Previous genome-wide association studies (GWASs) of stroke - the second leading cause of death worldwide - were conducted predominantly in populations of European ancestry1,2. Here, in cross-ancestry GWAS meta-analyses of 110,182 patients who have had a stroke (five ancestries, 33% non-European) and 1,503,898 control individuals, we identify association signals for stroke and its subtypes at 89 (61 new) independent loci: 60 in primary inverse-variance-weighted analyses and 29 in secondary meta-regression and multitrait analyses. On the basis of internal cross-ancestry validation and an independent follow-up in 89,084 additional cases of stroke (30% non-European) and 1,013,843 control individuals, 87% of the primary stroke risk loci and 60% of the secondary stroke risk loci were replicated (P < 0.05). Effect sizes were highly correlated across ancestries. Cross-ancestry fine-mapping, in silico mutagenesis analysis3, and transcriptome-wide and proteome-wide association analyses revealed putative causal genes (such as SH3PXD2A and FURIN) and variants (such as at GRK5 and NOS3). Using a three-pronged approach4, we provide genetic evidence for putative drug effects, highlighting F11, KLKB1, PROC, GP1BA, LAMC2 and VCAM1 as possible targets, with drugs already under investigation for stroke for F11 and PROC. A polygenic score integrating cross-ancestry and ancestry-specific stroke GWASs with vascular-risk factor GWASs (integrative polygenic scores) strongly predicted ischaemic stroke in populations of European, East Asian and African ancestry5. Stroke genetic risk scores were predictive of ischaemic stroke independent of clinical risk factors in 52,600 clinical-trial participants with cardiometabolic disease. Our results provide insights to inform biology, reveal potential drug targets and derive genetic risk prediction tools across ancestries.
  • Item
    Thumbnail Image
    A new technique for assessing arterial pressure wave forms and central pressure with tissue Doppler.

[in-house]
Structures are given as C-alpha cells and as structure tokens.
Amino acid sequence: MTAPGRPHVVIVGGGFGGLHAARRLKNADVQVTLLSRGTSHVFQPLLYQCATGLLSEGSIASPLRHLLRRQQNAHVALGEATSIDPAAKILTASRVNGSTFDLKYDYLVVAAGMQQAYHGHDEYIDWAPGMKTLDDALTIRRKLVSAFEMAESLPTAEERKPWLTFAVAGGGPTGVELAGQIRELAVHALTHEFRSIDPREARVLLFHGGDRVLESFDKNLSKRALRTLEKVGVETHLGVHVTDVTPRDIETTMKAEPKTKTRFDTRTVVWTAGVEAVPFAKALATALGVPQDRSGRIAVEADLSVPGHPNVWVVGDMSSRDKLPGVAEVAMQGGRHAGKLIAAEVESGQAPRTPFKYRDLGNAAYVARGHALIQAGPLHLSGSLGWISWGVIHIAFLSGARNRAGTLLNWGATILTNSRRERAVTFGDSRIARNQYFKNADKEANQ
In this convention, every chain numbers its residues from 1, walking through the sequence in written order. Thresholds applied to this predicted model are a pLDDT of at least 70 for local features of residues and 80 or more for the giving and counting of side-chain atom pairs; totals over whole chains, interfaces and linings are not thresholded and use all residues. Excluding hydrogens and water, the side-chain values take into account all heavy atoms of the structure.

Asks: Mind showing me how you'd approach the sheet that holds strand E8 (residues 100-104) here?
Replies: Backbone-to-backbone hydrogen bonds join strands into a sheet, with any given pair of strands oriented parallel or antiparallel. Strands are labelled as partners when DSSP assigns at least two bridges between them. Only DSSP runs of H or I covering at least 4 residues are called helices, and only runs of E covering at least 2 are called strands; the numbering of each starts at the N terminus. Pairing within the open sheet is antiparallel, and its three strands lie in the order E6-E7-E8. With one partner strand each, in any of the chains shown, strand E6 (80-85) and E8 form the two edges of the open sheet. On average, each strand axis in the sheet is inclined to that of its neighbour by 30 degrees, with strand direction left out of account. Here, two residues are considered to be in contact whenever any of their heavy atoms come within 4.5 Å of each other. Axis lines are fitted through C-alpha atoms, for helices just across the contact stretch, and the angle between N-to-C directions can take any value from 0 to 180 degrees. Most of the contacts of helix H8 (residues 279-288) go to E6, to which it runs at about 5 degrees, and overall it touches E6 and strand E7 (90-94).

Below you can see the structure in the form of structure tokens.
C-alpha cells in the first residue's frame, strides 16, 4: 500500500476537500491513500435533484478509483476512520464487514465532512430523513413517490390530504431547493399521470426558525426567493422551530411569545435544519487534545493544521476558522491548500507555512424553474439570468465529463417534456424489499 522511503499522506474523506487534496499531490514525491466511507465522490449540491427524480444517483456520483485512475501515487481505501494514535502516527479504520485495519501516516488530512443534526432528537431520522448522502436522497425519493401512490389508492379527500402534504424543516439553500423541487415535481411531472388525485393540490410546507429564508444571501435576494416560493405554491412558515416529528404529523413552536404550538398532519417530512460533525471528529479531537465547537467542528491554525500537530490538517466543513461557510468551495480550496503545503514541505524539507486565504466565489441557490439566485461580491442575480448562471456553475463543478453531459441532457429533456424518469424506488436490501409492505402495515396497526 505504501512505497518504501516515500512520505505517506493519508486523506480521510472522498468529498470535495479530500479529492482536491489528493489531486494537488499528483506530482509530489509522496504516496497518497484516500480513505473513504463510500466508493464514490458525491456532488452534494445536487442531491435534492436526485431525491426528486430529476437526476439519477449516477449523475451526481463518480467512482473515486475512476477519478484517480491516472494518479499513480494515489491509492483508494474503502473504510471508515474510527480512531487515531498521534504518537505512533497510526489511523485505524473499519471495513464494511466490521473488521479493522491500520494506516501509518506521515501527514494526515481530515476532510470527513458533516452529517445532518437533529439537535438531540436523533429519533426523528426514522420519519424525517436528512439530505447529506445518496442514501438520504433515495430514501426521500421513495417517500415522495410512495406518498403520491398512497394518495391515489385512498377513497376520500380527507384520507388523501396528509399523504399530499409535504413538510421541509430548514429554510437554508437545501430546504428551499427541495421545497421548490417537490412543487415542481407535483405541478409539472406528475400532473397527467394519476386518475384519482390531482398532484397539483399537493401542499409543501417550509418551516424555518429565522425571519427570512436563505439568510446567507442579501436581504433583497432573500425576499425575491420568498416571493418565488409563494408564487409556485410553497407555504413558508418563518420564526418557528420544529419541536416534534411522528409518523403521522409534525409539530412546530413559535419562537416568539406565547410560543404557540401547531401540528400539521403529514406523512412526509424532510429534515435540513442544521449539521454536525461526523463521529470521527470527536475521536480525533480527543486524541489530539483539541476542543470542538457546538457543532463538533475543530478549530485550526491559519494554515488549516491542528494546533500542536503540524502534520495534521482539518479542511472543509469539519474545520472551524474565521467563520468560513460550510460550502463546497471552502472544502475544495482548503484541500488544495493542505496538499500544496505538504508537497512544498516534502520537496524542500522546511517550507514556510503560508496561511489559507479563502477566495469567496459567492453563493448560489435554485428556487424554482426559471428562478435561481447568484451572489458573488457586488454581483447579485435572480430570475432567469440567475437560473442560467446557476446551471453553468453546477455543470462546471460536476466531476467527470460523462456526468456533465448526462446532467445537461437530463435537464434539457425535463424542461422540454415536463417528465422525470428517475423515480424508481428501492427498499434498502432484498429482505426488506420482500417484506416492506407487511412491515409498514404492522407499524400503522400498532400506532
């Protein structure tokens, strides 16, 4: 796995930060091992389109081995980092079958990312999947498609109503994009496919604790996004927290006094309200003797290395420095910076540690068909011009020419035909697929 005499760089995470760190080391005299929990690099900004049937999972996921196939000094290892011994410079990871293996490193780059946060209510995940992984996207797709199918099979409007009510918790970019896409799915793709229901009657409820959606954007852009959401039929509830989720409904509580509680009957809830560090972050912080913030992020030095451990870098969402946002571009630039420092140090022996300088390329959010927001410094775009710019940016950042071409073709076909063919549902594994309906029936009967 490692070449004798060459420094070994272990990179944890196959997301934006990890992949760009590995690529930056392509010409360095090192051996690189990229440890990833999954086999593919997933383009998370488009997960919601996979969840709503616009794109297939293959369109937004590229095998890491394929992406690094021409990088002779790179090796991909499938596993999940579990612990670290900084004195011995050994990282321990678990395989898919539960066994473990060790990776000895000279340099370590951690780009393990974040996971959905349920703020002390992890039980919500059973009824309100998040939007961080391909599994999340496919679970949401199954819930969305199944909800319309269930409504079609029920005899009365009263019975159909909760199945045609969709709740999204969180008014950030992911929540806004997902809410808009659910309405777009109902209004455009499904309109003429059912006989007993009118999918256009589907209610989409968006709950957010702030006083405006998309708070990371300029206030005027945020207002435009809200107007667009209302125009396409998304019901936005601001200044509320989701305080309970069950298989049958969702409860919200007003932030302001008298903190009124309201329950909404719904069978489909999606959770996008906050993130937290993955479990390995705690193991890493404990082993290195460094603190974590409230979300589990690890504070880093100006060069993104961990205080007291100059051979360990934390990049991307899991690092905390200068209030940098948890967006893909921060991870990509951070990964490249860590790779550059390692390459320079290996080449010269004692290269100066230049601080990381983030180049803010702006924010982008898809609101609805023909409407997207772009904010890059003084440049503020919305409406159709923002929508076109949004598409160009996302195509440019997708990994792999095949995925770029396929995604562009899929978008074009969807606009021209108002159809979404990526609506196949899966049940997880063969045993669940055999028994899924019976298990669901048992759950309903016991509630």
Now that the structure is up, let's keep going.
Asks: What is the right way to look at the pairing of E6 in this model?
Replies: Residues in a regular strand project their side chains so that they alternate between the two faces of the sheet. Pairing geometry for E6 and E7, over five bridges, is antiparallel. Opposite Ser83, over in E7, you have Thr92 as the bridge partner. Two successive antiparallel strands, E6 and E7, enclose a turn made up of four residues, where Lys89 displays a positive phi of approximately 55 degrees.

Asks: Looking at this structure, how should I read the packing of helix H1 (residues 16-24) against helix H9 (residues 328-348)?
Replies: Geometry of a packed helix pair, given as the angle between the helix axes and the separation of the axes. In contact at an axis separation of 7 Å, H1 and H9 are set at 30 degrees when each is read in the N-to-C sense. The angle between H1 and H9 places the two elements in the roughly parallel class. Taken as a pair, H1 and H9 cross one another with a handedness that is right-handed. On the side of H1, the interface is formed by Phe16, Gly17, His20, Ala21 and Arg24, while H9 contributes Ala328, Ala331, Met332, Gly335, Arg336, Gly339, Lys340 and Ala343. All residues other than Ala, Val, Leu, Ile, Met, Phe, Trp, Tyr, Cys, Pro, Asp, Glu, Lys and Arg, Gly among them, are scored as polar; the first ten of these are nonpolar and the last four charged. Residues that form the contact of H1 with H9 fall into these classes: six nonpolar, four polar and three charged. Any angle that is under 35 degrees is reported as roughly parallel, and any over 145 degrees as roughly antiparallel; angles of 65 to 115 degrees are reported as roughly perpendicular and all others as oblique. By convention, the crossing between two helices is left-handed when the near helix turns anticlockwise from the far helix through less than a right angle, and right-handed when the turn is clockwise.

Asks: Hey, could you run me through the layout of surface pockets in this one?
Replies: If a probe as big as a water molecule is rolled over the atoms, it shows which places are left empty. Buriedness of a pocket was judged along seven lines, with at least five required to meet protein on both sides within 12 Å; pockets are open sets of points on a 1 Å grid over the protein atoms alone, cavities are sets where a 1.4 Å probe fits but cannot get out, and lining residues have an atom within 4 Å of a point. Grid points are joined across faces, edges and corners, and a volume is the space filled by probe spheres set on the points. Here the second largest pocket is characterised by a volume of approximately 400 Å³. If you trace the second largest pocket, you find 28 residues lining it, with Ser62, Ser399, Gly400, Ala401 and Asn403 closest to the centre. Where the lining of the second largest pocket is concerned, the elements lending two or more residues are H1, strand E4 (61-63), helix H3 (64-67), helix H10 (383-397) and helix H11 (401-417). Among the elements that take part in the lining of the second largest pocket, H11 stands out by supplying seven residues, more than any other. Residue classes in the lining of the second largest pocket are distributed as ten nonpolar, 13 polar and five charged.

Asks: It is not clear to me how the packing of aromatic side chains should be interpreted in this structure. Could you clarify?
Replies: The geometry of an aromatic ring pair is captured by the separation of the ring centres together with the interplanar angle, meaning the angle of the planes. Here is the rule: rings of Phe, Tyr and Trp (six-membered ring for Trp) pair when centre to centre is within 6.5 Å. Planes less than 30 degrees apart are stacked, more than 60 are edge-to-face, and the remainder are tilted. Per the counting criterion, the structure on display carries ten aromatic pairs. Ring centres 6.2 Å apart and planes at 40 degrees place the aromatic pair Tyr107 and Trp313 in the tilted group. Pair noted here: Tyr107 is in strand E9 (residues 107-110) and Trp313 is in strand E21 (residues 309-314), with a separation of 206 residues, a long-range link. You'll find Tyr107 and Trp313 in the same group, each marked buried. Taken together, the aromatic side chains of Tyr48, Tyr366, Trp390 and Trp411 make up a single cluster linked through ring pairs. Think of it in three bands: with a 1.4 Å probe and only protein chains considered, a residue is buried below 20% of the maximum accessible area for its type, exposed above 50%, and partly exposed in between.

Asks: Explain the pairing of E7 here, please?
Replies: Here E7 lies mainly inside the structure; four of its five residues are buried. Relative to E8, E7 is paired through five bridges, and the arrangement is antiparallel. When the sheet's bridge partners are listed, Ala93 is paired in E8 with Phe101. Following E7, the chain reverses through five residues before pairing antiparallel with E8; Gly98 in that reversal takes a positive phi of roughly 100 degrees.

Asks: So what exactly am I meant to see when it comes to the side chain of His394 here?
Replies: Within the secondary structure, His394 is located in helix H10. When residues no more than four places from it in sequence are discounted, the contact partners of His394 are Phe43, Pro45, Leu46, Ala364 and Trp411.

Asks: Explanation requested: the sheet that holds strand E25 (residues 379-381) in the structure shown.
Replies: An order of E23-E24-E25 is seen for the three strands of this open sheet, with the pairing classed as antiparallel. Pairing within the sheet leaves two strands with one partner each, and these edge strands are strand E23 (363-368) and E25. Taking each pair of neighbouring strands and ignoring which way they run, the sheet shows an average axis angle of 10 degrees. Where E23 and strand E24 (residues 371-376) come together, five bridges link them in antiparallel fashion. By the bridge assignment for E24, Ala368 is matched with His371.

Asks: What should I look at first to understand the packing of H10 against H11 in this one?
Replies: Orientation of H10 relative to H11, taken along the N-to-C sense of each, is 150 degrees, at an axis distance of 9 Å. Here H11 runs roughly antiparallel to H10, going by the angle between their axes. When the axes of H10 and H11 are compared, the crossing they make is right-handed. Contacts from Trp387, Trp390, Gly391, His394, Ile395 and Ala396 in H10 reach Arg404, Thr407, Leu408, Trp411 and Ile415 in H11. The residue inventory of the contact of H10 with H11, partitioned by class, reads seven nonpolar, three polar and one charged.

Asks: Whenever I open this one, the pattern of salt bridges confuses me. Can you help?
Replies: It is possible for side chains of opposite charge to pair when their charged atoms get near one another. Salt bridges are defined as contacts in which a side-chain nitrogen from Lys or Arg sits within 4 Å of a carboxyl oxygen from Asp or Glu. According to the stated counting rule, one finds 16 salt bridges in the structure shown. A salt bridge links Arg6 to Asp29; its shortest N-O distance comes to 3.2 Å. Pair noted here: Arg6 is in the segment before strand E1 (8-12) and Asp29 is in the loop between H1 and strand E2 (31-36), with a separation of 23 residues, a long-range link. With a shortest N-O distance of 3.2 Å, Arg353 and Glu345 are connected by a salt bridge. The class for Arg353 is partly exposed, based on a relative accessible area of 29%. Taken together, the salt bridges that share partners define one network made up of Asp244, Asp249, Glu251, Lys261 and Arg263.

Haluska, BA ; Jeffriess, L ; Mottram, PM ; Carlier, SG ; Marwick, TH (Springer Science and Business Media LLC, 2007-01-31)
    BACKGROUND: Non-invasive assessment of arterial pressure wave forms using applanation tonometry of the radial or carotid arteries can be technically challenging and has not found wide clinical application. 2D imaging of the common carotid arteries is routinely used and we sought to determine whether arterial waveform measurements could be derived from tissue Doppler imaging (TDI) of the carotid artery. METHODS: We studied 91 subjects (52 men, age 52 +/- 14 years) with and without cardiovascular disease. Tonometry was performed on the carotid artery simultaneously with pulsed wave Doppler of the LVOT and acquired digitally. Longitudinal 2D images of the common carotid artery with and without TDI were also acquired digitally and both TDI and tonometry were calibrated using mean and diastolic cuff pressure and analysed off line. RESULTS: Correlation between central pressure by TDI and tonometry was excellent for maximum pressure (r = 0.97, p < 0.0001). The mean differences between central pressures derived by TDI and tonometry were minimal (systolic 5.36 +/- 5.5 mmHg; diastolic 1.2 +/- 1.2 mmHg). CONCLUSION: Imaging of the common carotid artery motion with tissue Doppler may permit acquisition of a waveform analogous to that from tonometry. This method may simplify estimation of central arterial pressure and calculation of total arterial compliance.